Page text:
1. Setup the provisioner:

User can setup the Provisioner on a hardware machine or on a VM as well. The instruction for the setup of Tinkerbell.

2. Create a hardware inventory:

In this step, data of all the hardware (bare metal servers) which needs to be provisioned will be pushed to the database. The data will be in JSON format. Following is the minimal hardware data which you need to push for particular hardware:

  "metadata": {
    "instance": {},
    "facility": {
      "facility_code": "onprem"
  "network": {
    "interfaces": [
        "dhcp": {
          "mac": "98:03:9b:89:d7:aa",
          "hostname": "localhost",
          "arch": "x86_64",
          "ip": {
            "address": "",
            "netmask": "",
            "gateway": ""
        "netboot": {
          "allow_pxe": true,
          "allow_workflow": true
  "id": "f9f56dff-098a-4c5f-a51c-19ad35de85d4"

For a detailed description of the hardware data you can visit Hardware_Data page. User should keep the above information inside a file. Following is the command of “tink” CLI through which you can push the data of the hardware:

docker exec -i deploy_tink-cli_1 tink hardware push < <path to hardware data file>
> 2020/08/24 16:23:09 Hardware data pushed successfully

Just like the above user can push the data of all the Hardwares which are required to be provisioned.

3. Create templates:

In this step user needs to create templates. Templates are Yaml based definition of a workflow which contains all the tasks/actions which should execute to provision a machine. User can create multiple templates but each template with unique names. For example, if a template contains tasks/actions which are for Ubuntu provisioning, can have name as “Ubuntu-template” or a template for CentOS can have name as “Centos-template” etc. Following is a sample of a template:

version: "0.1"
name: ubuntu_provisioning
global_timeout: 6000
  - name: "os-installation"
    worker: ""
      - /dev:/dev
      - /dev/console:/dev/console
      - /lib/firmware:/lib/firmware:ro
      - name: "disk-wipe"
        image: disk-wipe
        timeout: 90
      - name: "disk-partition"
        image: disk-partition
        timeout: 600
          - /statedir:/statedir
      - name: "install-root-fs"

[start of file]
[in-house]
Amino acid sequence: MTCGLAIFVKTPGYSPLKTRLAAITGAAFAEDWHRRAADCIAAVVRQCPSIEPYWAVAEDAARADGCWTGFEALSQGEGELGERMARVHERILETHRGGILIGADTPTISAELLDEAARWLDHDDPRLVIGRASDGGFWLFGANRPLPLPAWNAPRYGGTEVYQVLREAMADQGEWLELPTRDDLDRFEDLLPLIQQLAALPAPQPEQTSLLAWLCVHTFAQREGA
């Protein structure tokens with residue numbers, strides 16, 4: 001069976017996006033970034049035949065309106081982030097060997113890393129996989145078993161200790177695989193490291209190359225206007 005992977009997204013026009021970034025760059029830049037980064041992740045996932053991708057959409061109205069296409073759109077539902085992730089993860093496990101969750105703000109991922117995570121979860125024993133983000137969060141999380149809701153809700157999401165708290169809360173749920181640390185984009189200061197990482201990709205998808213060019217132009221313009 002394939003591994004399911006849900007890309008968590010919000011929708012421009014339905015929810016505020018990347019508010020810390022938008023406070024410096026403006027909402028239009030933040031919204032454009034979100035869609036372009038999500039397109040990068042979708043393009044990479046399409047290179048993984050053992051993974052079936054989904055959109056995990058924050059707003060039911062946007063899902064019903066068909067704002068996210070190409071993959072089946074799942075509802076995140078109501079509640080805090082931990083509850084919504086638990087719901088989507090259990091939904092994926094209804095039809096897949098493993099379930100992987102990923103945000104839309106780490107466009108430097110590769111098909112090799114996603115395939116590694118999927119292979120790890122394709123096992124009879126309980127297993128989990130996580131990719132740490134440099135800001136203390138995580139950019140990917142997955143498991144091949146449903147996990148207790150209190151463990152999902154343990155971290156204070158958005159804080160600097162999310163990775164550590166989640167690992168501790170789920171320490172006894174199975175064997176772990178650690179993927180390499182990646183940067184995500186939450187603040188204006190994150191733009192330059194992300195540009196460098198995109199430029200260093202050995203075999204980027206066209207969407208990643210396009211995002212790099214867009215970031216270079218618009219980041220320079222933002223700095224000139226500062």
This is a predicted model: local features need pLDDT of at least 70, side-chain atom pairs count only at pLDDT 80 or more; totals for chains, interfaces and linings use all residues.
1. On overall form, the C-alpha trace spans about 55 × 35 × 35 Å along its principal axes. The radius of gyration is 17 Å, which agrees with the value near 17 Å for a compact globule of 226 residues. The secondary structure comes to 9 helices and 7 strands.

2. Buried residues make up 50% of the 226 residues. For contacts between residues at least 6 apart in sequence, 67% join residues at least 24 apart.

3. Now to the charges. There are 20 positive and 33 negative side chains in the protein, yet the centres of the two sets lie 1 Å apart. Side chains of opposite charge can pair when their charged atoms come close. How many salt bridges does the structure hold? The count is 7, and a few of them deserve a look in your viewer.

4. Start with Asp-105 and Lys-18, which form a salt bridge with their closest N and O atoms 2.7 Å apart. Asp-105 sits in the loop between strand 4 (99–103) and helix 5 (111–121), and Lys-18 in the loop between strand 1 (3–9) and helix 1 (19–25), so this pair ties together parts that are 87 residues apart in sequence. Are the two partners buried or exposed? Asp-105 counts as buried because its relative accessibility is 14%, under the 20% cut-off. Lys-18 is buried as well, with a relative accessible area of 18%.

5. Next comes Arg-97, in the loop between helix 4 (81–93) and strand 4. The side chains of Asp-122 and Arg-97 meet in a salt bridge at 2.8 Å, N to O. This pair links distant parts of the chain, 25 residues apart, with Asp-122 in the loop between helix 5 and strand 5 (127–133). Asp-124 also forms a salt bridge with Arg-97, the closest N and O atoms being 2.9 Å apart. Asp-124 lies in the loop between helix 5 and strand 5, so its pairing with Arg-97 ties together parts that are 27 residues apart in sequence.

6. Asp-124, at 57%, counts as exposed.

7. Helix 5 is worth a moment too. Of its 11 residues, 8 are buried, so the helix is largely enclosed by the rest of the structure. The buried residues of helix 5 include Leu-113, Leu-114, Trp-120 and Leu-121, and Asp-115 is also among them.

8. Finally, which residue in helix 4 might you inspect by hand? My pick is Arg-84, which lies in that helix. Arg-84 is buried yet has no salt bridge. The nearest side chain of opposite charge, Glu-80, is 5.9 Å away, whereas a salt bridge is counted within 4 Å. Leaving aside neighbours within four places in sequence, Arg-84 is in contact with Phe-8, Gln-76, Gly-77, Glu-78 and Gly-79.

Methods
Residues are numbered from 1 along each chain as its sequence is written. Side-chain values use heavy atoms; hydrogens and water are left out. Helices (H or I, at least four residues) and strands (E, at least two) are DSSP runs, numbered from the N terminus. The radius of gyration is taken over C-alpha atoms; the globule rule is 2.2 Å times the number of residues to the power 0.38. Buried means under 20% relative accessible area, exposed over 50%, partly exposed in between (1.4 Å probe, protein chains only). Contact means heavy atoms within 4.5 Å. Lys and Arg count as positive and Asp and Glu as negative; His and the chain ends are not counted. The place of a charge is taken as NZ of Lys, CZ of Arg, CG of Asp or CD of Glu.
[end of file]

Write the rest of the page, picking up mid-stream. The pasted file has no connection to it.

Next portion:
image: install-root-fs
        timeout: 600
      - name: "install-grub"
        image: install-grub
        timeout: 600
          - /statedir:/statedir

As per the template definition above, it supports tasks and actions under each task. Each action will be running as a container on the worker machine. Templates have volume mount support at task and action levels as well.

If we provide a volume at a task level, each action under that particular task can mount the volume. And if we provide a volume at the action level, only that particular action can use that volume. The template also supports environment variables in the same way as volume mount support. If there is any change in the template in the future you can always refer to sample-ubuntu.tmpl. Each task contains a field “worker” which has value as “{.device_1}”. The value of “device_1” will be replaced with the mac address of the targeted hardware while creating the workflow in the next step. Following the command through which you can create/insert a template in the database:

#docker exec -i deploy_tink-cli_1 tink template create < <path to template file>
Created Template:  489da4a1-6672-461b-9b09-9aa67b8938f9

Creation of a template generates a unique id (UUID) which we will be use during workflow creation. For example in the above case the UUID for the created template is “489da4a1-6672-461b-9b09-9aa67b8938f9”.

4. Create workflows:

After completion of above two steps we need to create a workflow. To create a workflow we need one template (UUID) and MAC address or IP address of the targeted hardware. Following is the command which creats the workflow:

#docker exec -i deploy_tink-cli_1 tink workflow create -t <template uuid> -r '{"device_1":"<MAC/IP> address of targeted hardware"}'
Created Workflow:  2a4d1101-8ad2-4c5c-9822-c541d1775151

5. Reboot the targeted hardware in iPXE mode:

After creating a workflow for a particular mac address, We should reboot the machine which has that mac address in the iPXE mode. Once the reboot starts, first it will ask for an IP through DHCP service provided by boots. Then it will ask for few files required for OS installation to OSIE through Nginx. After that it boots into base OS and then it ask tink-server to provide the workflow which we created for this hardware. Then that workflow start executing by the worker machine. Once the workflow completed successfully. we should reboot the machine so that it can boot into the newly installed OS.

What’s next for Tinkerbell?

Packet open-sourced the Tinkerbell few months back. We received a lot of responses from the community including few interesting things. People are already doing great things like automating Raspberry Pis, installing Kubernetes on their home lab setups, and, of course, finding a lot of areas for improvement. We’re loving it, and we welcome your comments, questions, and PRs or issues.

We hope you find it interesting and like to engage with us to contribute back to the community and help us with our mission of making infrastructure a competitive advantage. Join us on Slack and look for the #tinkerbell channel.

Also, have a look at the website for more details about Tinkerbell.

Hope this was helpful to you. Do try Tinkerbell and share your experiences with us via Twitter and LinkedIn. Happy Coding :)